After the lying-in and Caroline’s recovery, the baby would have been christened. Though Bill and his wife were likely Protestant, they would have the baby blessed and named and promise to raise the baby in the Christian faith. If the baby was a boy, it is highly unlikely he was circumcised as this was not a common practice among Christians at the time. The baby would not make its public debut until it was at least three or four months old, but family could travel to the Compton house to have a look at the child.

Southerners are a political people and though Bill may have been a taciturn young man who did not say much one way or the other, he would have felt strongly about such issues as States Rights and self determination of local government. He may not have been a huge supporter of slavery, but he would not have necessarily been an abolitionist. He may have even discussed things with his family and Caroline’s family about what would happen should war come and what role he would play in it. If he and Caroline were living in their own home by then, Bill may be making arrangements to close their home and move Caroline back in with his folks for her safety and for the support they could give her. He may be already putting together guns and ammunition, not only for his use but for his family’s use to protect themselves as part of the home guard. The family may begin to hoard food and medicine. Truthfully, no one imagined the Civil War would be so long and drawn out and so tragic. Bill would give Caroline instructions, perhaps give her money, not confederate bank notes but gold and silver to hoard back. He would perhaps get himself a good horse and Caroline and his mother would have a uniform made. Of course the confederacy wore grey but they may have provided him an extra uniform of home spun dyed with butter nut shells. His father would have made sure he had a good pair of leather gloves and leather boots.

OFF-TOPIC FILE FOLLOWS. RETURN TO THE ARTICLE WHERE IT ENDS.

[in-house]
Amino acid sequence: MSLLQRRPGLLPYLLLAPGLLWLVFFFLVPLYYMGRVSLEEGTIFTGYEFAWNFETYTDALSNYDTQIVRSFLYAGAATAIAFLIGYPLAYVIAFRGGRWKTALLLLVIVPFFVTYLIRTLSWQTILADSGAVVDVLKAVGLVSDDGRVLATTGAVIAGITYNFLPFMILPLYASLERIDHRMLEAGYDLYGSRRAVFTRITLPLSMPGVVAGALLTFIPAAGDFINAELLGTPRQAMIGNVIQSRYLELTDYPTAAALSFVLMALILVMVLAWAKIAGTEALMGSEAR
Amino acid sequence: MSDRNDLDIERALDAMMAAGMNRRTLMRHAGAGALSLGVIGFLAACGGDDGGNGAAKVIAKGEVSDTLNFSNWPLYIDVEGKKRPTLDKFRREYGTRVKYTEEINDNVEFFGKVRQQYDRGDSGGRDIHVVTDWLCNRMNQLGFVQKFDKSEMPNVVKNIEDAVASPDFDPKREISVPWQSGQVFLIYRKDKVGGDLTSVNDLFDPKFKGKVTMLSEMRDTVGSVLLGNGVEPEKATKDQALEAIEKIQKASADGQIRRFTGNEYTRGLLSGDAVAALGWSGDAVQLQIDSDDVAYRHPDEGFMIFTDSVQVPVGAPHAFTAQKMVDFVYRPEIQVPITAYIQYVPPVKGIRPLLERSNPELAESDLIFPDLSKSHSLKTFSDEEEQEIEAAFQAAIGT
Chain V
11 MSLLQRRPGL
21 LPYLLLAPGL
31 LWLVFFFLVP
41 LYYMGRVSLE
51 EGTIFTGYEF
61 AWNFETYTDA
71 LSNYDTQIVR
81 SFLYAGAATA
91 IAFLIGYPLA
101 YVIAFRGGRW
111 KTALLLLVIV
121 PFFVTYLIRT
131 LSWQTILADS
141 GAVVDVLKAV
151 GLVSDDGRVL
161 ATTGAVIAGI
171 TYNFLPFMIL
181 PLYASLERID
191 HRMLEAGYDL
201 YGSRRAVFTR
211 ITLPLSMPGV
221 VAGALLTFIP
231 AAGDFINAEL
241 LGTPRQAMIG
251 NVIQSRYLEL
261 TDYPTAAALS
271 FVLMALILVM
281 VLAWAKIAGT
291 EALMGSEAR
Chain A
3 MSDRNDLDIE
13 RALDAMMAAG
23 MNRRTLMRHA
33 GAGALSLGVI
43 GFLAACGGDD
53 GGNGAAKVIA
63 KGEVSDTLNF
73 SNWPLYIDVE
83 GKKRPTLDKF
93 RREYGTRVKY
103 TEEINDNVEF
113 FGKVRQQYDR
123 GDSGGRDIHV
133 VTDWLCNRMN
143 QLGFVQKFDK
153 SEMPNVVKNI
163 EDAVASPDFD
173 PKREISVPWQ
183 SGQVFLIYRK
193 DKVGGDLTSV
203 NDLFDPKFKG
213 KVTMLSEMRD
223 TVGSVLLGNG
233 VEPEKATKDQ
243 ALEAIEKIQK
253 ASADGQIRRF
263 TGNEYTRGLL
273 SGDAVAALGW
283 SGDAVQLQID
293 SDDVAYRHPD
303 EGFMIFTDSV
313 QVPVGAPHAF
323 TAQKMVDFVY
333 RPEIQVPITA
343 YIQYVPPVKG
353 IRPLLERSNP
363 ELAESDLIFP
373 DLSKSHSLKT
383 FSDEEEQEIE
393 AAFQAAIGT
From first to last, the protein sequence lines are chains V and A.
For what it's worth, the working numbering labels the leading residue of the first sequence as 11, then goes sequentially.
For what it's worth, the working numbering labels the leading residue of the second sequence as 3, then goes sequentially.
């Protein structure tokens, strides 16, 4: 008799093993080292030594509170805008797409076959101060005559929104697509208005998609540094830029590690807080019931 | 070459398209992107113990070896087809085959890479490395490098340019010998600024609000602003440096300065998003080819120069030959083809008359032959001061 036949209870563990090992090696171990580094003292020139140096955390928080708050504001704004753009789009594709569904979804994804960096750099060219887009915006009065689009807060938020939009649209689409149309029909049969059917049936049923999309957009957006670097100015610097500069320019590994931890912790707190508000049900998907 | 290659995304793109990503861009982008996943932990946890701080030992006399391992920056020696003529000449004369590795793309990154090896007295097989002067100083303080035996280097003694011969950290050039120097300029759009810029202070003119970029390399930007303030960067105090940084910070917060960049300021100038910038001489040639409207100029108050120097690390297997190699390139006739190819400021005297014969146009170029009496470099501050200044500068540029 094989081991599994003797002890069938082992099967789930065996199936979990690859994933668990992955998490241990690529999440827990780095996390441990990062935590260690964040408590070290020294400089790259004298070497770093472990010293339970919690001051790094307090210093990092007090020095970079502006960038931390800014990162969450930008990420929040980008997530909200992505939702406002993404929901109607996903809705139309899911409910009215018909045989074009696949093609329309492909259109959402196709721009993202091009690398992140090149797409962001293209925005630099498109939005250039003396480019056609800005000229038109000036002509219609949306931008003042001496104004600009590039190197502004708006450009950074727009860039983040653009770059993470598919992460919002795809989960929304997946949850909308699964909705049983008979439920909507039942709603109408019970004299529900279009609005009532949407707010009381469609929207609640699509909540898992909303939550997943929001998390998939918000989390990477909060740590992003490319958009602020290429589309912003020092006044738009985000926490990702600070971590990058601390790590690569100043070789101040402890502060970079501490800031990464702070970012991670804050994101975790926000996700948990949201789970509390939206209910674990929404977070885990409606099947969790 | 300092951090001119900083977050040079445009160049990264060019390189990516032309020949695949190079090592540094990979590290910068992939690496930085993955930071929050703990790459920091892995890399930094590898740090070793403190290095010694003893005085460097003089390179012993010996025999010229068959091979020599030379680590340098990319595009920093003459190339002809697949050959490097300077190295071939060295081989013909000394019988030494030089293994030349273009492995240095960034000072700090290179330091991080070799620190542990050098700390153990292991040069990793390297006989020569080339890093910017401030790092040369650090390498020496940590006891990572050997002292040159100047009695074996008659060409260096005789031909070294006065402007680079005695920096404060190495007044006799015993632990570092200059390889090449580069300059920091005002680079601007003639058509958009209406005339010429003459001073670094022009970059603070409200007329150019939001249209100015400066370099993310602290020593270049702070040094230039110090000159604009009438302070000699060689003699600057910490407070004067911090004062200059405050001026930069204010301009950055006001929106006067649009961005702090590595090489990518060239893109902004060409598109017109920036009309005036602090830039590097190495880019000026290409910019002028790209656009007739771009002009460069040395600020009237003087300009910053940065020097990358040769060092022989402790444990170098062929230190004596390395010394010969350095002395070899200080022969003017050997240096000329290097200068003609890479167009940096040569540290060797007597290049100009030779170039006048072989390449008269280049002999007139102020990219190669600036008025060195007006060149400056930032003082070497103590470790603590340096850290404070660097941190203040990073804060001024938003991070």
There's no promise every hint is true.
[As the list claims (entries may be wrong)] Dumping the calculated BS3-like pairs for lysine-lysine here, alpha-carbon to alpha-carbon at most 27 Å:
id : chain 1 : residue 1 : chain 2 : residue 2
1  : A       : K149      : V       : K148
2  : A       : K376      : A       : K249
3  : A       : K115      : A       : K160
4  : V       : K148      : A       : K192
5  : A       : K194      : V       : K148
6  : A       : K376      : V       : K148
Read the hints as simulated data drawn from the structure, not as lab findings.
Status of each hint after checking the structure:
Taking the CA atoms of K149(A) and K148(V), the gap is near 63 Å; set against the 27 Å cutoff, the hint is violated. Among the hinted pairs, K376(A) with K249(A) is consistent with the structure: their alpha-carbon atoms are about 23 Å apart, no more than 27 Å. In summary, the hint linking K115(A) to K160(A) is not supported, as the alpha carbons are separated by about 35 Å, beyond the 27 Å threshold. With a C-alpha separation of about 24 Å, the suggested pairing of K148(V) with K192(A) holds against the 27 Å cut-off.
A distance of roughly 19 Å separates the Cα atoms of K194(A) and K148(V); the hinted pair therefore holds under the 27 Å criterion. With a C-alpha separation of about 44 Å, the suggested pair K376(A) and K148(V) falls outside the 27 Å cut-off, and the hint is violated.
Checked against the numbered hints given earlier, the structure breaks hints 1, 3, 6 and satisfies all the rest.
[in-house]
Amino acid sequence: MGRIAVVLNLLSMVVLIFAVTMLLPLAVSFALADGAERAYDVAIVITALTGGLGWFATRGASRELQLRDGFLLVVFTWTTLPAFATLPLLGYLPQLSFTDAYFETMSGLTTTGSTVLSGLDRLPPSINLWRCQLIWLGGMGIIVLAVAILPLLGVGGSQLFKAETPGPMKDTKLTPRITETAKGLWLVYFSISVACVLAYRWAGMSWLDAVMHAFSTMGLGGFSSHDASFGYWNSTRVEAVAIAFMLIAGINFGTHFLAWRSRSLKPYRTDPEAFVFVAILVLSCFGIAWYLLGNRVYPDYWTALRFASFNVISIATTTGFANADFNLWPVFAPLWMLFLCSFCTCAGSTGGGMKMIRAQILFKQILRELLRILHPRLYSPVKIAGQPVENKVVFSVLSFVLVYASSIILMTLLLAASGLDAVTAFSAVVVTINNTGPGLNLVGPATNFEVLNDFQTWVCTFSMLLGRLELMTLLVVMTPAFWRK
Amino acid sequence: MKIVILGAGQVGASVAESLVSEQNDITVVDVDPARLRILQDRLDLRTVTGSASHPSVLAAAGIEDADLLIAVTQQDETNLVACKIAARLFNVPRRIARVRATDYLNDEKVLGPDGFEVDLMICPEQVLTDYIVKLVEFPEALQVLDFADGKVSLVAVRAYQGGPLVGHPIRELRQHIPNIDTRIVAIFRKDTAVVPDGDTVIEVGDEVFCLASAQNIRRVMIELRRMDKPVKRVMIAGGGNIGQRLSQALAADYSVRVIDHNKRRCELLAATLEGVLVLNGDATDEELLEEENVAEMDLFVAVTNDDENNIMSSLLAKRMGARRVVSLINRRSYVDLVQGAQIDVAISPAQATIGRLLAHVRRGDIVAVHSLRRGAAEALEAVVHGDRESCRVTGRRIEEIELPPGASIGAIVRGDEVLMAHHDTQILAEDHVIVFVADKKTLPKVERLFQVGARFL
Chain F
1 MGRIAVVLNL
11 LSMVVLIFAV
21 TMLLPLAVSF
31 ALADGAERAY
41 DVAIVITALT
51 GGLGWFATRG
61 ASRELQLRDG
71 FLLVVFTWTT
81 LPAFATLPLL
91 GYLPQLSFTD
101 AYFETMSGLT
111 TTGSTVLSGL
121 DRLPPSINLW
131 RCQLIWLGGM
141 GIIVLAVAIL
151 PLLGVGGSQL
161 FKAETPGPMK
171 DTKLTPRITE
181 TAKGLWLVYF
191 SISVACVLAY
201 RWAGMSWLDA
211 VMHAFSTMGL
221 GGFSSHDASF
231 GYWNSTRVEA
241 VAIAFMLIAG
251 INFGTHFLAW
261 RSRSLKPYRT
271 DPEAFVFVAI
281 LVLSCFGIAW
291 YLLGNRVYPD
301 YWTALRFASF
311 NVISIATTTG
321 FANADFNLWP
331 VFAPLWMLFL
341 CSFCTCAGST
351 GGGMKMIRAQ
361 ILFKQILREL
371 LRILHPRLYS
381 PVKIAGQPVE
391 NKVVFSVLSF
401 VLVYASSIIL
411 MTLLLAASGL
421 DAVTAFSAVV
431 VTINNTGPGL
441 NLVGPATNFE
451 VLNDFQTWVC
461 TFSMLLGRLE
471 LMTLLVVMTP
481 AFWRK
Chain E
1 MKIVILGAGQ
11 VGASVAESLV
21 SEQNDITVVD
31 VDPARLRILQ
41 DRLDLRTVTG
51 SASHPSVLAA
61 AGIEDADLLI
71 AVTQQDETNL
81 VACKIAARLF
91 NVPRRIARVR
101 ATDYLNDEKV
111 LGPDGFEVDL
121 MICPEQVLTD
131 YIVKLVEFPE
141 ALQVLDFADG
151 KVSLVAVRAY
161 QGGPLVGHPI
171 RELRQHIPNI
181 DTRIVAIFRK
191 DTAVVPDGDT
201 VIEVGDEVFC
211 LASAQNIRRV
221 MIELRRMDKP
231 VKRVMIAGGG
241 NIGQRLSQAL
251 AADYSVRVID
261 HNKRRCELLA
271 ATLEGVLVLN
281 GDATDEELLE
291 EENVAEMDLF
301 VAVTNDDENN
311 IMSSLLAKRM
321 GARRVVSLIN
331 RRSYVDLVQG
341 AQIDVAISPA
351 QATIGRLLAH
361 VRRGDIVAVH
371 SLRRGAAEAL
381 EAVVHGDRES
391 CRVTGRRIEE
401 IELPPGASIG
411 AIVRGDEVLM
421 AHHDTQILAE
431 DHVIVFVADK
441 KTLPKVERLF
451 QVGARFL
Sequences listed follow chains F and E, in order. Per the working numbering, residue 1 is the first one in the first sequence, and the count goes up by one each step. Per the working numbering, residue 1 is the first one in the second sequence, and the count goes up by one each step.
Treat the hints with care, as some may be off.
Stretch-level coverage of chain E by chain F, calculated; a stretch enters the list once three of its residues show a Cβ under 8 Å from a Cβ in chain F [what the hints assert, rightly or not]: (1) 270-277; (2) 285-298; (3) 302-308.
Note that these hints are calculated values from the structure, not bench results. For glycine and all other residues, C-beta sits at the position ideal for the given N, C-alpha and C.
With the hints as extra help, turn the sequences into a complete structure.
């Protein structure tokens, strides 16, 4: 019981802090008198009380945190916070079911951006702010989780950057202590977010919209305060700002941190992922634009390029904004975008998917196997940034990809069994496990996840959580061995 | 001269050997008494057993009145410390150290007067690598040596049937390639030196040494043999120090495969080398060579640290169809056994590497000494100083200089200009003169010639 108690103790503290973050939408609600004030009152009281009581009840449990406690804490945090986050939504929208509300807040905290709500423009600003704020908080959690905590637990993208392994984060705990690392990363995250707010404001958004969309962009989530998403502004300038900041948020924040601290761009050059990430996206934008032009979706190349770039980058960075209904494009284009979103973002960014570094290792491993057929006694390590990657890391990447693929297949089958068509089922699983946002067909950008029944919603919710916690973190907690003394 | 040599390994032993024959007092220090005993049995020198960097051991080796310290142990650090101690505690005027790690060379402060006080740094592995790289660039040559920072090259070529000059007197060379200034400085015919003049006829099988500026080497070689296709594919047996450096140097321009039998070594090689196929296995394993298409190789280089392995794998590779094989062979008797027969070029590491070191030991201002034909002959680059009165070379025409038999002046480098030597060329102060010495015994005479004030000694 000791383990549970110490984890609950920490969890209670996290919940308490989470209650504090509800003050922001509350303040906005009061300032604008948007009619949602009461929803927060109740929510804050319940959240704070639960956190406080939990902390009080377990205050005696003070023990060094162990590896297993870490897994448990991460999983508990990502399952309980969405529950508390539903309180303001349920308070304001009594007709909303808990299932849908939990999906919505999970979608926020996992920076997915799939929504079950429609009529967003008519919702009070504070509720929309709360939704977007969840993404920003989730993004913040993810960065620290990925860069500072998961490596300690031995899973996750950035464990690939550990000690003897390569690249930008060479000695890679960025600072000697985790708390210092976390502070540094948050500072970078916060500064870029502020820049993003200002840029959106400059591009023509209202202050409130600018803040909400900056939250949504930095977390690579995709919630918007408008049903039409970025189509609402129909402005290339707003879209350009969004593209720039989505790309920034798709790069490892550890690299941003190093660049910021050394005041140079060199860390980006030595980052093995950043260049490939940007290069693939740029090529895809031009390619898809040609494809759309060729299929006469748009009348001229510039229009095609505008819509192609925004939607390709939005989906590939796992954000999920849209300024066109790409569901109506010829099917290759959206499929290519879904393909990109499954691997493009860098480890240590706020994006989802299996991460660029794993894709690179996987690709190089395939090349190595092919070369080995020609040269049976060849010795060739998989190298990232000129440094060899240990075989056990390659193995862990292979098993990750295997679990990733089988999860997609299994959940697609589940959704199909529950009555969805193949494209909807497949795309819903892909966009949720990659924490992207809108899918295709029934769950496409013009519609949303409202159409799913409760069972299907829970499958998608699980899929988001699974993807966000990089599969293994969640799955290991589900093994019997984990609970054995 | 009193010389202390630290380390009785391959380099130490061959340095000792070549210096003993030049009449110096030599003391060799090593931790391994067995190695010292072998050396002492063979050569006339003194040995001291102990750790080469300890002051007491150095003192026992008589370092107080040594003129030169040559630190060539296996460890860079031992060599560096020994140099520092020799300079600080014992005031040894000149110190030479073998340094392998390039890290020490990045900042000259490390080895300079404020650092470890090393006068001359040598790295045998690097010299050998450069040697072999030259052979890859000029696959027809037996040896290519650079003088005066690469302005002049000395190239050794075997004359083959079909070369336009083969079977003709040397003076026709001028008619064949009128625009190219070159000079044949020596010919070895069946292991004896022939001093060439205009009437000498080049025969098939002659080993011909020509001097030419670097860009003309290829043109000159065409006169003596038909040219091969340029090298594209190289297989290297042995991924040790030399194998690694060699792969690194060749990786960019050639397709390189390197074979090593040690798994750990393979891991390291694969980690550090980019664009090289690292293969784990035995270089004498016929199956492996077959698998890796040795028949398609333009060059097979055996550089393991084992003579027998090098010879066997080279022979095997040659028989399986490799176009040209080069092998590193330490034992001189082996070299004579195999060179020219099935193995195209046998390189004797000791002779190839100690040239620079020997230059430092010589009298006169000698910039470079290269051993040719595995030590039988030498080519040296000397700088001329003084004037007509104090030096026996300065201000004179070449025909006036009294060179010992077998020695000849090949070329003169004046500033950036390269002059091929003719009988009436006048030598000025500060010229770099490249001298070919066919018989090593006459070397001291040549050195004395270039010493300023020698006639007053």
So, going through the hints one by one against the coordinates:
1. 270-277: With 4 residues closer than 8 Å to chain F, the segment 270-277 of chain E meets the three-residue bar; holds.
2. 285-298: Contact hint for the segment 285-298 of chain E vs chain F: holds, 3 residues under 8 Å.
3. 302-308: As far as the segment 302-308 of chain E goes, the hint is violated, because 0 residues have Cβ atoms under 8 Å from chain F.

The women would be canning and preserving all the food they could get their hands on and already they would be feeling the pinch on some things. Coffee and tea and sugar were pretty well easy to come across until much later, but cloth and lace and silks were becoming harder and harder to come by. Sarah Compton, Bill’s sister, was perhaps courting or engaged and she would simply have to wait until after the war to be married in a proper dress with all the accoutrements. Bill was probably 26 when he left with his outfit to go and fight in the war between the states.

Civilian life during the Civil War was one of privation. Caroline probably heard more from Bill in the beginning of the war but heard from him increasingly less and less as the months and years went on. As Bill was a Lieutenant, he might have had one leave to come home and he would only be home for few days at the most. These reunions were often bittersweet. Caroline would have found Bill somewhat changed. War does that and seeing his friends and neighbors being shot all to hell has a way of affecting a man and haunting him. As with many southern men, he may inwardly be feeling doubts about the Cause but he was a man of honor and he would do what he had to do to get through it. Bill would confide in his father and Caroline’s father about the hardships to come but put on a brave face to his wife and sister and mother.

Bill may spent a little of his time hunting while he is home to get as much game together for his family as he could before he left to return to his duties. Food and nutrition was a big deal for the civilians. Bill’s belly might be empty but he would be assuaged knowing his children and his wife were fed. He would check with her to make sure she still had her gold and silver hidden and admonish her about spending it unless she absolutely had to. He would have also told his father to take the family silver and any heirlooms to hide them, not only from Yankees but from their own Confederate Army procurers who would confiscate their food and money and animals for the Cause. I imagine the cubby under the floor was a natural hiding place, it was likely where the family hid their wealth, never dreaming 174 years later, Bill would sleep his days away under the floor of the house.